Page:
Management in Practice – BMA has ‘misunderstood’ gov plans

The British Medical Association (BMA) has “misunderstood” commissioning support plans, the Department of Health has claimed.

In a statement to MiP a spokesperson from the DH said it will be BMA members that determine what form commissioning support takes in the future, not the government.

BMA gives members chance to vote on government’s final pensions offer | GPonline.com

Following a final offer from the government, expected in December or January, BMA members will be asked to give their views on whether the offer is acceptable.

A BMA spokesman said the union would also use the vote to get a ‘steer’ on industrial action.

The BMA Council agreed on Thursday that ‘given the strength of feeling within the profession, members should have their say on the future of their pensions’.

Following the Council’s decision, the BMA will begin an intensive workplace outreach programme to raise awareness of the proposals and to help ensure members’ personal details are completely up to date – a vital step if a ballot is to go ahead.

BMA chairman Dr Hamish Meldrum described the proposed reforms as ‘manifestly unfair’ since the NHS scheme was reviewed in 2008.

‘Doctors stand to be very hard hit by the proposed changes to the NHS pension scheme. Those at the start of their careers face the prospect of paying around £200,000 more in lifetime contributions, and of working much longer.

Join ‘Bevan’s Run’ to protest against THE BILL » Hospital Dr

Whatever your view of the Health and Social Care Bill – evil instrument of NHS privatisation or empowering tool for clinician-led commissioning – you’ve got to respect people who go the extra mile to get their message across.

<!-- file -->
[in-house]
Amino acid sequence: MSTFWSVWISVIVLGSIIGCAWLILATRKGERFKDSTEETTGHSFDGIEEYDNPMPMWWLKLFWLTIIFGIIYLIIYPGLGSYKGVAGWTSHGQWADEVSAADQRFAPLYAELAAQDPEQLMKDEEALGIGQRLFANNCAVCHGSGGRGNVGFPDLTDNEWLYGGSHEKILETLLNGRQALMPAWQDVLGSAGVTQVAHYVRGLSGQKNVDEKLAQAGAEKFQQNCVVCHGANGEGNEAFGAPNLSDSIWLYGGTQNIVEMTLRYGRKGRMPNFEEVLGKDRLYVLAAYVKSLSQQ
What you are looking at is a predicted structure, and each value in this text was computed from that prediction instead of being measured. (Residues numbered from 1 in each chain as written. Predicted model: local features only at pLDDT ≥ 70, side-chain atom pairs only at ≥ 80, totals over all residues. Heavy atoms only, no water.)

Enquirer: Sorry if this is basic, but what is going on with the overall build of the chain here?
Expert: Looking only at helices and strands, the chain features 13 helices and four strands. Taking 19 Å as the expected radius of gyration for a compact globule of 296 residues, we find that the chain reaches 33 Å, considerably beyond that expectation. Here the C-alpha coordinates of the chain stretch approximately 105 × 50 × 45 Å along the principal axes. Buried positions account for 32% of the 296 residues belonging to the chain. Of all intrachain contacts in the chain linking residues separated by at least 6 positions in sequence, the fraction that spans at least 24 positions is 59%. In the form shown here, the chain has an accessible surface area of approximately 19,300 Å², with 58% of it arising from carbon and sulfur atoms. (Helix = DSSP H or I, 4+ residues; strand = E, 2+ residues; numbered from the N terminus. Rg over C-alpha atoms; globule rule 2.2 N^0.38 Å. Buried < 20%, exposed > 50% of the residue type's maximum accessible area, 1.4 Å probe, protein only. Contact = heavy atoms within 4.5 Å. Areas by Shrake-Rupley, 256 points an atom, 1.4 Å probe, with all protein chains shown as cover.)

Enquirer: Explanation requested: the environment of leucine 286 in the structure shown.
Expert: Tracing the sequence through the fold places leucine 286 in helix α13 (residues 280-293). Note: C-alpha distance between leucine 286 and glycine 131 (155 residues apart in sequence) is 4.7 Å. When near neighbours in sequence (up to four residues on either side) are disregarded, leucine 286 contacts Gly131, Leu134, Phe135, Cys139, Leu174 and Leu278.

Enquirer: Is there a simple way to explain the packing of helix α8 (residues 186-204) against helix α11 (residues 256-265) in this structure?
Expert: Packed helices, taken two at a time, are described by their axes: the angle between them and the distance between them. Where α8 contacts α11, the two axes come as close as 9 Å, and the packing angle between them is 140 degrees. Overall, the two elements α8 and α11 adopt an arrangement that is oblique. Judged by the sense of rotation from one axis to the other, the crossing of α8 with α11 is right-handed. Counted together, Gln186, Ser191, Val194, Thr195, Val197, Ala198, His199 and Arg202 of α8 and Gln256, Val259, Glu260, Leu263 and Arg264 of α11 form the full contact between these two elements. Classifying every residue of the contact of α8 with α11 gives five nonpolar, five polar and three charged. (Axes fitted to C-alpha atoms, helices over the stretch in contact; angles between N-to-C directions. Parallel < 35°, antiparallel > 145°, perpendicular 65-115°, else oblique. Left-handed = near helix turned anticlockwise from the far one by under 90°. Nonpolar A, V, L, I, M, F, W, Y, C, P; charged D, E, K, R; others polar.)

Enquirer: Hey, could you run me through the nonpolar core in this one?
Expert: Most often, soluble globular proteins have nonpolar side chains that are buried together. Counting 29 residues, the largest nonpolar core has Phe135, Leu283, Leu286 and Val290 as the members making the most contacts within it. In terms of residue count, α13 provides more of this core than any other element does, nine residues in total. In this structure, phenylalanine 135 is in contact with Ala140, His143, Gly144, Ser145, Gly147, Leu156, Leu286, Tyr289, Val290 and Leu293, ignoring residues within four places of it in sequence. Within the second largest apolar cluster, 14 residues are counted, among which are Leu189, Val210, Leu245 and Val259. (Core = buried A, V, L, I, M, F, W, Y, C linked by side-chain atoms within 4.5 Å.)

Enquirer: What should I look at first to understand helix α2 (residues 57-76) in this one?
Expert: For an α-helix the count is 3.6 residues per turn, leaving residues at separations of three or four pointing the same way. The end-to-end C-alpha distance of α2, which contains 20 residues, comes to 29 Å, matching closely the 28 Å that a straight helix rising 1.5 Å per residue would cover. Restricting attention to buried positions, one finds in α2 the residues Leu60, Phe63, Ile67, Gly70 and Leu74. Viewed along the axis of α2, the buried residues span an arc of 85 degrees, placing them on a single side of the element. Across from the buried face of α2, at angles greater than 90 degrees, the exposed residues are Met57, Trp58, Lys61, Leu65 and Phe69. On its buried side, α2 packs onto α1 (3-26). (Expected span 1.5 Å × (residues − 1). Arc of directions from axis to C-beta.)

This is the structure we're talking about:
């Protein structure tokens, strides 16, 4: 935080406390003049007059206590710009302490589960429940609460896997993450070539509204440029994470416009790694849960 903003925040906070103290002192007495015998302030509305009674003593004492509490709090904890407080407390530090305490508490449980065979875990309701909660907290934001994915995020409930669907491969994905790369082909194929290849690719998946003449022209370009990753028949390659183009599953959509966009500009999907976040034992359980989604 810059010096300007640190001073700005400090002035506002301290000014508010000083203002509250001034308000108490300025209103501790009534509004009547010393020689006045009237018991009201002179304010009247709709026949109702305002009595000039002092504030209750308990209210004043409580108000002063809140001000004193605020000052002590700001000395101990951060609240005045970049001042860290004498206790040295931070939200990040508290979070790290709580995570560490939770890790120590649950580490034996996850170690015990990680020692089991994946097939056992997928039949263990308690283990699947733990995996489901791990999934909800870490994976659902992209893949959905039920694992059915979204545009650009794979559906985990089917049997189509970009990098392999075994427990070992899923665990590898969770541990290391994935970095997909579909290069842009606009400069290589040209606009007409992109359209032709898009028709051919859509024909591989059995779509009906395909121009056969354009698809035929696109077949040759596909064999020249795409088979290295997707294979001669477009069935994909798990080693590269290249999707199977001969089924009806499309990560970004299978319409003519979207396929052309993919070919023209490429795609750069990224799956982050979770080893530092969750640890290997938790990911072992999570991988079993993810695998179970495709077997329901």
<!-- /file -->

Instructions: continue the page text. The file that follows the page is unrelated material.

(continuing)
I’ve mentioned the chairman of the Israel Medical Association in the past who completed a 12-day hunger strike earlier this year in a bid to secure better pay, work conditions and funding for the country’s public doctors.

Dr Clive Peedell is about to embark on his own form of suffering in order to raise the profile of his anti-Health Bill campaign. He’s a clinical oncologist, co-chair of the NHS Consultants’ Association and a member of BMA council. Along with another oncologist Dr David Wilson, he’s going to be running 160 miles from Aneurin Bevan’s statue in Cardiff to the Department of Health in Whitehall.

It was Bevan, the founding father of the NHS, who famously said: “The NHS will last as long as there are folk left with the faith to fight for it.”

The Courier – ‘We are getting absolutely pummelled’ — NHS Tayside worker describes pressure amid recruitment freeze

The situation looks unlikely to improve any time soon as the health authority’s director of finance, Ian McDonald, confirmed there is a freeze on ”non-essential” recruitment.

He said that will last at least until the end of next March and probably beyond.

The disgruntled employee said: ”There are not enough bodies to do the work and we are getting absolutely pummelled with jobs. Management have got to save 30-odd million pounds so there are cutbacks and they are not filling jobs.

”The people that are left are getting hit with doing their own job and the jobs of the people that are not replaced. It is really hard and nobody seems to be doing anything about it.”

A Ninewells Hospital worker was unimpressed with the claim the freeze is limited to ”non-essential” posts.

”What the managers don’t realise is that if there aren’t enough cleaners, porters and kitchen staff, then the doctors and nurses can’t do their jobs properly. Doctors and nurses aren’t the only essential staff.”

Mr McDonald said he was leading by example and was not filling three posts that had become vacant in his own department.

”It just means every other member of staff is having to work a bit harder,” he said.

He explained that managers who want to take on staff and fill posts must go before an NHS Tayside panel that scrutinises the request.

”For posts that become vacant between now and March 31, they will be separated into two — essential to recruit or non-essential. Essential posts we will fill. If they are not essential, they will be deferred.

”That is not just an issue between now and March 31 but that would probably continue in to 2012/13 (financial year beginning April 1).”